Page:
Entertainment May 2012

The Filthy Moralist

How the comedian Louis C.K. became America’s unlikely conscience
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Try this, Hollywood. A middle-class American man, a husband, a father—you know, that guy—is addicted to Internet pornography. Night after night, while the house sleeps, he’s out there, browsing the cyber-fleshpots, trolling the tides of electronic lust. His vice deepens; his kinks get connoisseurial. Until one night he has an Experience. An Epiphany. He sees it all so clearly: the loss, the deadness, the degradation, the entire tragic panorama of porn. He must give it up—and more than that, he must seek absolution. He must quit his job (insurance? sales?), travel like a post-porn pilgrim to the San Fernando Valley, find the women in whose debasement he has most assiduously, if remotely, participated, get down on his knees, and beg for their forgiveness. And then, from there … I dunno. Could be a sort of weirdo rom-com, as our hero falls for a scornful porn queen. Or maybe one of the girls is caught up in a gangster subplot and he rescues her, Liam Neeson–style. I leave this to the writers. The leading man, however, is nonnegotiable: he has to be Louis C.K.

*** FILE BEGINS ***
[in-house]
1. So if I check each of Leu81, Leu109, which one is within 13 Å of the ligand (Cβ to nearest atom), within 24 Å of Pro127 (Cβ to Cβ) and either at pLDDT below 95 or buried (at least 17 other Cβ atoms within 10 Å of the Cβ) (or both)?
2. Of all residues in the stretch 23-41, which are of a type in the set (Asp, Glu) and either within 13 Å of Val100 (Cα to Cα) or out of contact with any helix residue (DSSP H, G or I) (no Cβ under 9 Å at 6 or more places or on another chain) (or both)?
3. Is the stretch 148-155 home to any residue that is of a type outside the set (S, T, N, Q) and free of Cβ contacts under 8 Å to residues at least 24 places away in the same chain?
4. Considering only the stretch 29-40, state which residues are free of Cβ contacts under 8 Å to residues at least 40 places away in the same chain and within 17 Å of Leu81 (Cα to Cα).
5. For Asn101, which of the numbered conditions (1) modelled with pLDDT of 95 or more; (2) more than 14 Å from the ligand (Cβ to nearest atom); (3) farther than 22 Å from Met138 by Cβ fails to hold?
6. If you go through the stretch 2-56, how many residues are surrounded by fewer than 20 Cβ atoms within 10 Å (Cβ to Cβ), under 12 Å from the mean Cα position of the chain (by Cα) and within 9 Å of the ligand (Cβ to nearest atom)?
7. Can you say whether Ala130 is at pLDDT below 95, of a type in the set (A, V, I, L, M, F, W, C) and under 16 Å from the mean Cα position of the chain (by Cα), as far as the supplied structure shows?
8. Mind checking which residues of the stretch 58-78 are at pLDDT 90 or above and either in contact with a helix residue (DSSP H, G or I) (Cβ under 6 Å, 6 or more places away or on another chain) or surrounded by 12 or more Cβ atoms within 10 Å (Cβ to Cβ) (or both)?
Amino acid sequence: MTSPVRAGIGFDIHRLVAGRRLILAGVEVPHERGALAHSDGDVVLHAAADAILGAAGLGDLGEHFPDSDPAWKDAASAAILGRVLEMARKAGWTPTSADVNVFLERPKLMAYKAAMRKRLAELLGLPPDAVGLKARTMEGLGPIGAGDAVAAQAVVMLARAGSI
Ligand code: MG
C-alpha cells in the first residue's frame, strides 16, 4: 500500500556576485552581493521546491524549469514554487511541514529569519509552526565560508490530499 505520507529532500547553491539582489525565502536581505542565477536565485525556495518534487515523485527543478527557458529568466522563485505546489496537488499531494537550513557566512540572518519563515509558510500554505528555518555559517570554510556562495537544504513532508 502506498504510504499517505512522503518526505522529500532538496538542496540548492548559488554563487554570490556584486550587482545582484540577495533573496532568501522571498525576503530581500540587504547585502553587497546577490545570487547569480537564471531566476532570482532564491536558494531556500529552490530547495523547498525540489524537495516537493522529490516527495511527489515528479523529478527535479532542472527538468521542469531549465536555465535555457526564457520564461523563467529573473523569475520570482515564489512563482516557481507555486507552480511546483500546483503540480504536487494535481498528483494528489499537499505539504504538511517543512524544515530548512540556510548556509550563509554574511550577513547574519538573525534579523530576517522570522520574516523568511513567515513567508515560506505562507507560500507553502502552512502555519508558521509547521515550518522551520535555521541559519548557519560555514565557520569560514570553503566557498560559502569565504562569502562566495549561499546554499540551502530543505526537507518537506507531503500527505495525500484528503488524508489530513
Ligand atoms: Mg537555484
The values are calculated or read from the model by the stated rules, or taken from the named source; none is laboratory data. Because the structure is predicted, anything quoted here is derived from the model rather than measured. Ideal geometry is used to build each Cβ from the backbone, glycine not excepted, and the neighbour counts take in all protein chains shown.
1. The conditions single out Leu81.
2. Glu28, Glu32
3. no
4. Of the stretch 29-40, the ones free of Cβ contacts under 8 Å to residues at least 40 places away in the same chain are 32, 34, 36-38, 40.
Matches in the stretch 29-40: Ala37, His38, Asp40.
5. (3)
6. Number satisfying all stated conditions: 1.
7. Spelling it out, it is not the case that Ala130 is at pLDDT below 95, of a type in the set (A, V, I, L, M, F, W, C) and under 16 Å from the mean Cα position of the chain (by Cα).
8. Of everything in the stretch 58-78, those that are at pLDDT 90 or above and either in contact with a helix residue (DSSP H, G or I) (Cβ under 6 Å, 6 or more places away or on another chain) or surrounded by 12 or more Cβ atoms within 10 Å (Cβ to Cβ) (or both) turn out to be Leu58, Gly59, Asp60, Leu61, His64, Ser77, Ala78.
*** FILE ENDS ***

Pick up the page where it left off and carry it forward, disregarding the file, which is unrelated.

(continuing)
Louis—I’ll call him Louis, because I can’t keep typing C.K.—is America’s current masturbator in chief and our most topsy-turvy moralist. “You can figure out how bad a person you are by how soon after September 11 you masturbated,” he riffs. “For me, it was between the two buildings’ going down.” Louis used to be a comic’s comic—hip, the toast of his more successful peers—but now he belongs to the nation. His comedy special Hilarious was nominated for two Emmys last year, and the resulting album won a Grammy. His subsequent special, Live at the Beacon Theater, which he financed, directed, and then distributed online, cleared sales of $1 million within 10 days of its December release. Louis used to write for Dana Carvey, Conan O’Brien, Chris Rock; now he is writer/director/star of his own fever-dream semiautobiographical sitcom, Louie, also nominated for two Emmys last year and soon to begin its third season on FX.